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New North-West Passage vs Northern Sea Route

Can the North-West Passage along the coast of Alaska and Canada compete against the Northern Sea Route along the Russian North?

Can North-West Passage compete against the Northern Sea Route? Global warming and the rapid melting of Arctic ice have presented us with a new and potentially the shortest and cheapest way to transfer goods between East Asia and Europe. The Northern Sea Route is called “The Northern Silk Road” by some. It stretches from the eastern part of the Asian continent along the Russian north coast to some of the busiest Europan ports. However, it is not the only option for transporting goods from Asia to Europe. The other option is the North-West Passage stretching from East Asia to North Europe and passing the cost of Alaska and Northern Canada.

This development is significant for more than just commercial shipping. The development of northern routes that could replace the current traditional ways of commercial shipping would have a dramatic impact on the geopolitical balance of power. Today, whoever is controlling the Strait of Malacca and Siez Kanal, is controlling more than 80% of the international trade and commercial shipping, including strategically important transport of energy sources. One of the biggest handicaps of Russian geographic position is its lack of access to the “warm seas”. Despite thousands of kilometres of coastal line, Russia was not considered to be a naval nation because most of that long coast was frozen.

In short, if the Northern Sea Route along the Russian northern coast becomes commercially viable, the US will lose the ability to control commercial shipping going through the Strait of Malacca. Currently, most of the oil and gas supplies to the People’s Republic of China could be easily interrupted by the US. Practically all supplies of oil and gas to Japan go through the Strait of Malacca. It might be the most important reason for Japan’s vassal position towards the US.

The North-West Passage History

The exploration of the Northwest Passage was initiated by Sebastian Cabot in 1498. However, the NWP was first completely traversed by Roald Amundsen in 1903–1906. By then, both the Suez and Panama Canals were already in full operation. Therefore, that had no importance from the commercial point of view.

The main wave of colonization in Canada went along the steppe south along the border with the United States. The North of Canada developed exclusively from a resource point of view (the gold rush and oil).

The North-West Passage vs Northern Sea Route – Some comparisons

There is a significant difference between the population of these two large regions.

There are 118,000 people in the immediate north of Canada.

For comparison: 11.5 million people live in the north of Russia.

An estimate is that about 36,000 people live in the region of the Northwest Passage on the islands of the Canadian Arctic Archipelago.

For comparison, 2.5 million people live along the Northern Sea Route.

However, it must be considered that a significant part of this population comprises indigenous peoples. For example, in Nunavut (through which most of the NWP passes), out of 36,858 people, only 13.3% or 5,210 people are non-aboriginal. In the Canadian Northwest Territories, out of 41,070 residents, only 39.7% or 16,305 people are European Canadians. Those. the non-aboriginal population in northern Canada is 21,515. The administrative unit of the North Slope of Alaska, which overlooks the coast of the Arctic Ocean, has a population of 7,385 people, of which 31.62% or 2,335 people are non-aboriginal people. In Russia, the indigenous peoples of the North, Siberia and the Far East all together amount to 300 thousand people.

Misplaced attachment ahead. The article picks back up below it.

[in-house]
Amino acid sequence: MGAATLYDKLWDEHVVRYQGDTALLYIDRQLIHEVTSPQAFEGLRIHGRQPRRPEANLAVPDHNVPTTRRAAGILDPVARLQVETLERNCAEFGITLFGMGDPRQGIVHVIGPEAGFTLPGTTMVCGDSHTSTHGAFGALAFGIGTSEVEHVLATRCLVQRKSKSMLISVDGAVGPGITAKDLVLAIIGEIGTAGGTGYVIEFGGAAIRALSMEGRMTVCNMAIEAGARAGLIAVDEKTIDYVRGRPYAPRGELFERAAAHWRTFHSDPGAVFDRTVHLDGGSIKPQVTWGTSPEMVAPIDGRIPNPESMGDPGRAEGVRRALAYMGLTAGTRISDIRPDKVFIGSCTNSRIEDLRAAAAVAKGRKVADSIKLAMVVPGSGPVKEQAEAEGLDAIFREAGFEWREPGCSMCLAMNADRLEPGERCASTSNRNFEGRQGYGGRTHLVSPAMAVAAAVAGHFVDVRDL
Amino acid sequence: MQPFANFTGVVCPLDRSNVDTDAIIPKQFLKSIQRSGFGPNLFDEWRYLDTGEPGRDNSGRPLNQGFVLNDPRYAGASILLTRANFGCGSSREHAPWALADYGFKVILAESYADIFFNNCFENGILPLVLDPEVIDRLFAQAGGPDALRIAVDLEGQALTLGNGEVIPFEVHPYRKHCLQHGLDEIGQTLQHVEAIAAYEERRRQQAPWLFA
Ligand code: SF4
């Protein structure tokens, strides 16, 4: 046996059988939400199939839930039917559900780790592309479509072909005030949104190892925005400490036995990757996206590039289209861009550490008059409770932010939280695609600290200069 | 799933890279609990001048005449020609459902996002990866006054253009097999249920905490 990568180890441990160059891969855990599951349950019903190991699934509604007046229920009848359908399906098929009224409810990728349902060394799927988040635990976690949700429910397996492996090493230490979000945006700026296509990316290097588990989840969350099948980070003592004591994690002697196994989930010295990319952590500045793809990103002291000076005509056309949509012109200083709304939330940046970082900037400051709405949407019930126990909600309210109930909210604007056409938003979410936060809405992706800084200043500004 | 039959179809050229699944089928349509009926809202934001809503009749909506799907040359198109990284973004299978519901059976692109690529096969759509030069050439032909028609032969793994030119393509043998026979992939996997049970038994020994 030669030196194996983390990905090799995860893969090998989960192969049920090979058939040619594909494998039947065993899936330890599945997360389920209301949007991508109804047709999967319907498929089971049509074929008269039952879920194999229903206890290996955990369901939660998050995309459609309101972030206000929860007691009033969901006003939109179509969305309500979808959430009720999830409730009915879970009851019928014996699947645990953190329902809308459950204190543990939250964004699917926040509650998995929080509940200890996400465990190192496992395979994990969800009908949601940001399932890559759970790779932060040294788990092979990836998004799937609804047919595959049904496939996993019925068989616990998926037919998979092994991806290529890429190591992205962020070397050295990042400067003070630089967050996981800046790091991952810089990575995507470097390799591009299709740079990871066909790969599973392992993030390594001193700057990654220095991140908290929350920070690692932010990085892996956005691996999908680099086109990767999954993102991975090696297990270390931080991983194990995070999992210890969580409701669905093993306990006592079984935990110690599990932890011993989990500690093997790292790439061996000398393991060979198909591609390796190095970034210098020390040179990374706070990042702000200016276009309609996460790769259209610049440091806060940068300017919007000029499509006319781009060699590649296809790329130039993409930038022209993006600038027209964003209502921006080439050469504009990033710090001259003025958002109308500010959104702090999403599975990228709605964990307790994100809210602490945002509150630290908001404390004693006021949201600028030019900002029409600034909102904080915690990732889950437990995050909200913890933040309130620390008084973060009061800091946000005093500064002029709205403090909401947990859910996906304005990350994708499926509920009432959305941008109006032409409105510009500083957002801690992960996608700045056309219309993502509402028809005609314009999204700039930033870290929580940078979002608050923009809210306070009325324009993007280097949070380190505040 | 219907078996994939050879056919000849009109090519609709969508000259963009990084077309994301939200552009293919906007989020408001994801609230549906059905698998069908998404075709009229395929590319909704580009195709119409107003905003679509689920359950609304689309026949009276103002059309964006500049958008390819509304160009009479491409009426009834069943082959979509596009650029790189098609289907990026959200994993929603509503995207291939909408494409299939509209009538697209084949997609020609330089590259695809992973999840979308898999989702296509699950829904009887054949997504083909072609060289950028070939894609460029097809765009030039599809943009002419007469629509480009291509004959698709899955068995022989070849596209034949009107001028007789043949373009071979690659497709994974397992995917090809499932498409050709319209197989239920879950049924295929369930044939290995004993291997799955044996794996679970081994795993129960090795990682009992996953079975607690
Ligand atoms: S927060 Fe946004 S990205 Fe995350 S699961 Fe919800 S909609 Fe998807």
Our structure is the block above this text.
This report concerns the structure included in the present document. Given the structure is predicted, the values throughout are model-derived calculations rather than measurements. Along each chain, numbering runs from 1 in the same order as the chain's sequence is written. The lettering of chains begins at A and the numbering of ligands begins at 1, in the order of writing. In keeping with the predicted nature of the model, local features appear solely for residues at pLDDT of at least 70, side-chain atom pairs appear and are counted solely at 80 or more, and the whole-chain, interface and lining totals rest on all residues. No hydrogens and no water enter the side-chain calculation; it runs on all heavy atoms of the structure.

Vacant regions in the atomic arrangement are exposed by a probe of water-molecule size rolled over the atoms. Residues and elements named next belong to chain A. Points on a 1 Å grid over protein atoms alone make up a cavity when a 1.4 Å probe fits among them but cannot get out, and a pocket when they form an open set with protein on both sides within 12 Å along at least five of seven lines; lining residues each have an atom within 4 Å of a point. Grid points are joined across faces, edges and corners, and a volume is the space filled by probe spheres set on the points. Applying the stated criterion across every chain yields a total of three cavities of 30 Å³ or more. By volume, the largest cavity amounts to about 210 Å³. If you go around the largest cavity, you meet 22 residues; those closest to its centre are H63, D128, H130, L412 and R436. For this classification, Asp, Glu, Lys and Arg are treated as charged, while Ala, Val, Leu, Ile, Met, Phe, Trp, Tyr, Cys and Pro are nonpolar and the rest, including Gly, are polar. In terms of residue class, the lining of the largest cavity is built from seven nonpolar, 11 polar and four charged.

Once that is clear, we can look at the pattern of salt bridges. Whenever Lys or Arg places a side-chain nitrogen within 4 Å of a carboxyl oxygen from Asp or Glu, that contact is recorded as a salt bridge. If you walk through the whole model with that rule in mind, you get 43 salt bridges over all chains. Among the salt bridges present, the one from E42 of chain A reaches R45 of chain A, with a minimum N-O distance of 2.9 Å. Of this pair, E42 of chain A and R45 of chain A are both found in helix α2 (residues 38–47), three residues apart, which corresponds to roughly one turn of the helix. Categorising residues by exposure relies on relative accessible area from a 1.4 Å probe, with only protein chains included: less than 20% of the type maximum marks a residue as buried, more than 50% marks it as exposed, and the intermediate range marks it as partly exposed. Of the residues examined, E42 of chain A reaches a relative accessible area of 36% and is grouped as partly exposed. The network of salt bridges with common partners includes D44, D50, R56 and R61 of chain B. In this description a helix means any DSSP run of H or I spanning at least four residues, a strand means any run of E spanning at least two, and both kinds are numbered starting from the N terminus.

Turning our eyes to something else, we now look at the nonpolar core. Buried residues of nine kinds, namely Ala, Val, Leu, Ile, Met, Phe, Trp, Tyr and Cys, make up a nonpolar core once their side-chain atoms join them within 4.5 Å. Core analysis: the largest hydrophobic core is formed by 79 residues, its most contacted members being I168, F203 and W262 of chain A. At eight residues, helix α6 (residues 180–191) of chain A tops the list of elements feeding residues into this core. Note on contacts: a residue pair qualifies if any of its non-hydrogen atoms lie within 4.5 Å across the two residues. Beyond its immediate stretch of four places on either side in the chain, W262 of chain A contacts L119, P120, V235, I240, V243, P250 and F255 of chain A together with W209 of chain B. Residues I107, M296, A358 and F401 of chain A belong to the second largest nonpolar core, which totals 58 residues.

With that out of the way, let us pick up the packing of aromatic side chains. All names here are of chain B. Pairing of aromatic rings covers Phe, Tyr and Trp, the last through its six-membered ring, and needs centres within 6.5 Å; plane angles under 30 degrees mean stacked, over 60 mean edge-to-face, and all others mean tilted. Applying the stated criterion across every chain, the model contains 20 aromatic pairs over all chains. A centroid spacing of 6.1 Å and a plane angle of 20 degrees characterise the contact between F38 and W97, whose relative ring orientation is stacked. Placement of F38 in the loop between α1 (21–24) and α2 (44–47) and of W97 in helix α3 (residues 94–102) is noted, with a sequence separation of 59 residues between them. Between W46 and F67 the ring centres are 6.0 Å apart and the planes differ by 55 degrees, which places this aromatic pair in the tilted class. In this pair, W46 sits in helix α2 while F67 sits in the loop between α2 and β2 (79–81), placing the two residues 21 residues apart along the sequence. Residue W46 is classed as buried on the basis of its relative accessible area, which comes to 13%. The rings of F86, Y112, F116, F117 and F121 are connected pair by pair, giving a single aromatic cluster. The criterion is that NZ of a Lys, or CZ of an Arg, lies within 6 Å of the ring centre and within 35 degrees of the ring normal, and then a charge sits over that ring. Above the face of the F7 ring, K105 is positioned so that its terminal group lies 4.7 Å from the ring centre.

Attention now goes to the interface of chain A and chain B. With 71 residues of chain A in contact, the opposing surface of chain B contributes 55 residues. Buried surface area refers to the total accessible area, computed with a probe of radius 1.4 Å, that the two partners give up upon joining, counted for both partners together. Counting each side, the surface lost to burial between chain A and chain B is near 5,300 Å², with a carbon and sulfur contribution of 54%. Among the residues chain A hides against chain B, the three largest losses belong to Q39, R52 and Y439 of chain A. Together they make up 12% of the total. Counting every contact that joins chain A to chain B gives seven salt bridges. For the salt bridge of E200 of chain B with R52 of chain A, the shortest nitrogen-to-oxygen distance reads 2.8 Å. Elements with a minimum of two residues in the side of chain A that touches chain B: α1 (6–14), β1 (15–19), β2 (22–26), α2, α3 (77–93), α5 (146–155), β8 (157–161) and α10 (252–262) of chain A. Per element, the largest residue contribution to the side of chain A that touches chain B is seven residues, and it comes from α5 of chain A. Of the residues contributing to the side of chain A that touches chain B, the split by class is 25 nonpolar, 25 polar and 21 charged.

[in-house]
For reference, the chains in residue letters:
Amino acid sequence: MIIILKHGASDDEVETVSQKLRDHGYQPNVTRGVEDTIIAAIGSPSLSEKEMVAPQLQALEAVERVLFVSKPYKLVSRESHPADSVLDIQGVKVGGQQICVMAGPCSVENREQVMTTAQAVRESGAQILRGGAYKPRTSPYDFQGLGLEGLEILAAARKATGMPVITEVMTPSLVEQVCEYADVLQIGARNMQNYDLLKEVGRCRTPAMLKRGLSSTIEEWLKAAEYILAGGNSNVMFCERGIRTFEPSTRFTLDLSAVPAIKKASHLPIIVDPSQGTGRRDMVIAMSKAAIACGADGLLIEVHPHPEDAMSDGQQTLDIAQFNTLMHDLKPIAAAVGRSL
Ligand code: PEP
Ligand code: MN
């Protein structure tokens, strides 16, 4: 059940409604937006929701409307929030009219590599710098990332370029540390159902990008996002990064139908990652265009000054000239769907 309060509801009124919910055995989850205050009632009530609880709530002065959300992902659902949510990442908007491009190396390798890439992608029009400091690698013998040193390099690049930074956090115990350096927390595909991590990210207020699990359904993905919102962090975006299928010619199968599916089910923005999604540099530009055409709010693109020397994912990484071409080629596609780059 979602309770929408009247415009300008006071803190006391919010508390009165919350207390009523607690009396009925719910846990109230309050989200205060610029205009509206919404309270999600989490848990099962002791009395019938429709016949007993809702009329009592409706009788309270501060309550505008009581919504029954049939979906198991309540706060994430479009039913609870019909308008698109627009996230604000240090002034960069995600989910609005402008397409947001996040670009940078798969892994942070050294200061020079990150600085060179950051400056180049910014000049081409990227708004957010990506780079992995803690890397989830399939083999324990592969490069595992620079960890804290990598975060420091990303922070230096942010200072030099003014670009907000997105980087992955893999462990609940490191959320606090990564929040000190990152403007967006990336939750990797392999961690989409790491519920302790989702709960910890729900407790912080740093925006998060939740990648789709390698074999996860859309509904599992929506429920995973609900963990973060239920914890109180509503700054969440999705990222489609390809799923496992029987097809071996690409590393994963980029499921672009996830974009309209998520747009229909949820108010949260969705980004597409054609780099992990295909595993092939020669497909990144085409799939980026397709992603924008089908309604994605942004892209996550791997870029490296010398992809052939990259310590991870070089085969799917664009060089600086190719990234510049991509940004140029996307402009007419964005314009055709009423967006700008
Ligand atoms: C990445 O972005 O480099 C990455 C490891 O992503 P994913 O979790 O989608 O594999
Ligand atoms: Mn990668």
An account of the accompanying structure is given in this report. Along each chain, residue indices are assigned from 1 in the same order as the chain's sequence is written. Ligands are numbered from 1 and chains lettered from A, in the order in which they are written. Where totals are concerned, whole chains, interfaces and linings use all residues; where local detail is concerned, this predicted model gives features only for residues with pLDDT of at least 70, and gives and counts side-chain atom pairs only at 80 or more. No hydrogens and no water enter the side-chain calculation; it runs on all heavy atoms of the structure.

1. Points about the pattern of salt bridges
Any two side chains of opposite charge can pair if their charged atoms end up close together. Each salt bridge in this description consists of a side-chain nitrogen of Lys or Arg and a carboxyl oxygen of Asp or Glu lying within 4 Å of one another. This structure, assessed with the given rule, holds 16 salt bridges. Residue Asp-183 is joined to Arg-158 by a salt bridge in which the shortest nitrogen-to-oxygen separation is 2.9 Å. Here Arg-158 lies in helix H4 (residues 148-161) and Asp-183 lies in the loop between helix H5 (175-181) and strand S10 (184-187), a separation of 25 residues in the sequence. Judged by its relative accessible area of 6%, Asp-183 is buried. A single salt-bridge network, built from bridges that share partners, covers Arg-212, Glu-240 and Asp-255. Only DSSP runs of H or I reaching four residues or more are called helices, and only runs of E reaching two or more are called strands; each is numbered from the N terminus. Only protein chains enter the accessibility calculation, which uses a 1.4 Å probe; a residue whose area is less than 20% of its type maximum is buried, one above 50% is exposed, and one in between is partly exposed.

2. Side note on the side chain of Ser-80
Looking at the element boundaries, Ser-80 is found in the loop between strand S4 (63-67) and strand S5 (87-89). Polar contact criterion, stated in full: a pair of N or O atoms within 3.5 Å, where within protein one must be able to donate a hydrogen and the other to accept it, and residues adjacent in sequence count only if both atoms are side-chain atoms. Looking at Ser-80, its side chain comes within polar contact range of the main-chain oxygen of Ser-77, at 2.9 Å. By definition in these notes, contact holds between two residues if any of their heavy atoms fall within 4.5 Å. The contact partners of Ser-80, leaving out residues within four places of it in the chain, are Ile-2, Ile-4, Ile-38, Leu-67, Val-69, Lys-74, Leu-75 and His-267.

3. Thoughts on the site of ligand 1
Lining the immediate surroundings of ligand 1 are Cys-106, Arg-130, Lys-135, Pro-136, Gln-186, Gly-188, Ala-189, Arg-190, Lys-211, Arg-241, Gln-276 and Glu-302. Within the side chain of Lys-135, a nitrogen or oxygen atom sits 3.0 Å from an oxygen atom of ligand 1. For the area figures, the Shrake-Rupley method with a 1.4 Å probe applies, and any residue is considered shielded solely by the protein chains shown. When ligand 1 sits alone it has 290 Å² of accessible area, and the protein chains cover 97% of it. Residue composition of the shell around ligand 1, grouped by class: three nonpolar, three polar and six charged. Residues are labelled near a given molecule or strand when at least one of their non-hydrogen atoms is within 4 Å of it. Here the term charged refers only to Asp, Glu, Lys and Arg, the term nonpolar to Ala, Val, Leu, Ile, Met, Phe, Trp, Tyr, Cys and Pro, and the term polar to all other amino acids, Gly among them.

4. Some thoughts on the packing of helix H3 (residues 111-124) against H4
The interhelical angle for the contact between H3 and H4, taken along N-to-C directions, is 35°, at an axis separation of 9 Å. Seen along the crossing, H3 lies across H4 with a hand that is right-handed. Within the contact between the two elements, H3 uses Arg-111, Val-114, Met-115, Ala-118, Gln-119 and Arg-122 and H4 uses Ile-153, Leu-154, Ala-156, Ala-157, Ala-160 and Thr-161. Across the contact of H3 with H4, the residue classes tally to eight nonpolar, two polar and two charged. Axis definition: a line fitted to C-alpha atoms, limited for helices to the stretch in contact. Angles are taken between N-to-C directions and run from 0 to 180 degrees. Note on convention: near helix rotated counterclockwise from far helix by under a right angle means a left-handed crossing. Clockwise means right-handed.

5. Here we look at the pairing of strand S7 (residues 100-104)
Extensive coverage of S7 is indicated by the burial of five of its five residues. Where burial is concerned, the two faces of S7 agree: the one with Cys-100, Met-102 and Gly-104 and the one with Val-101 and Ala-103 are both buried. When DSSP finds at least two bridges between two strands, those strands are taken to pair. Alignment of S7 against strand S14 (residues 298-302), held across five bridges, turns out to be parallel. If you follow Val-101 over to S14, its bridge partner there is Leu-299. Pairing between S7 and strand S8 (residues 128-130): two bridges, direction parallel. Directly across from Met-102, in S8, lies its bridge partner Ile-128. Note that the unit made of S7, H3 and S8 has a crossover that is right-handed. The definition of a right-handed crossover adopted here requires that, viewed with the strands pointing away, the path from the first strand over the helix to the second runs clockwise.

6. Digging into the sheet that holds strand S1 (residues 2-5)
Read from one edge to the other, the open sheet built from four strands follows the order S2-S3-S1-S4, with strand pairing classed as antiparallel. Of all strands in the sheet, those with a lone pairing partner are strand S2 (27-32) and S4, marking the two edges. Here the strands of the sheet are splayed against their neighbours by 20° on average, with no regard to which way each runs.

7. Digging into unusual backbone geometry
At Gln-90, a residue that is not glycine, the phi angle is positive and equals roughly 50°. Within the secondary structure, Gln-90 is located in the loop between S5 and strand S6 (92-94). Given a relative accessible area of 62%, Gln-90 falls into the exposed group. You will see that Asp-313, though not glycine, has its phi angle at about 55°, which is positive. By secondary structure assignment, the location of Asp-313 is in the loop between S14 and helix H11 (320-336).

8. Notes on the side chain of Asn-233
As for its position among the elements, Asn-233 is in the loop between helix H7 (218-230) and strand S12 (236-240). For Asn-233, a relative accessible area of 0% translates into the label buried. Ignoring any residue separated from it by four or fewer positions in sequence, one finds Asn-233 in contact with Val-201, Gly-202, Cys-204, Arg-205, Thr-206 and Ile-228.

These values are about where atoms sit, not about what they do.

The contrast becomes even more striking when comparing the largest cities in the north.

The largest city on the NWP and the capital of Nunavut, Iqaluit, has as many as 7,741 people, which is closer to an urban-type settlement within Russia. The largest city in the north of the United States, Utqiagvik (formerly Barrow), has an even larger population of 4,443. Nuuk, the capital of Danish Greenland, has a population of 18,128. Arkhangelsk, the largest city in the north of Russia, has 350 thousand people, and the largest city directly on the Northern Sea Route, Murmansk, has 267 thousand people.

Infrastructure and ice-breaking capabilities comparison

Canada has 6 icebreakers in service and 1 in construction. Canada has 3 icebreakers of ice class 3 (independent navigation in small broken ice of the non-Arctic seas and in solid ice behind the icebreaker with ice thickness up to 0.7 m). It also has 3 icebreakers of class 4 (independent navigation in rarefied first-year Arctic ice with a thickness of up to 0.6 m in winter-spring navigation and up to 0.8 m in summer-autumn navigation.

The USA has 5 icebreakers, Denmark has 4 icebreakers, and Russia has 37 icebreakers. Only Russia has a fleet of heavy nuclear icebreakers up to the highest ice class. Out of 2 heavy icebreakers in the USA, only 1 is operational. Also, in the US, there is a private icebreaker Aiviq for transporting stationary anchors and a scientific icebreaker Nathaniel B. Palmer.

Unfortunately, the Arctic is almost certainly becoming the next point of Conflict between the US (including NATO and the EU) and the rest of the world. It might seem to be a conflict between the West and Russia, but the real targets are China, Japan and India. That is probably the reason for the increasing cooperation between Russia and China and Russia and India. However, Japan is obviously too scared to join in. For how long? It remains to be seen.

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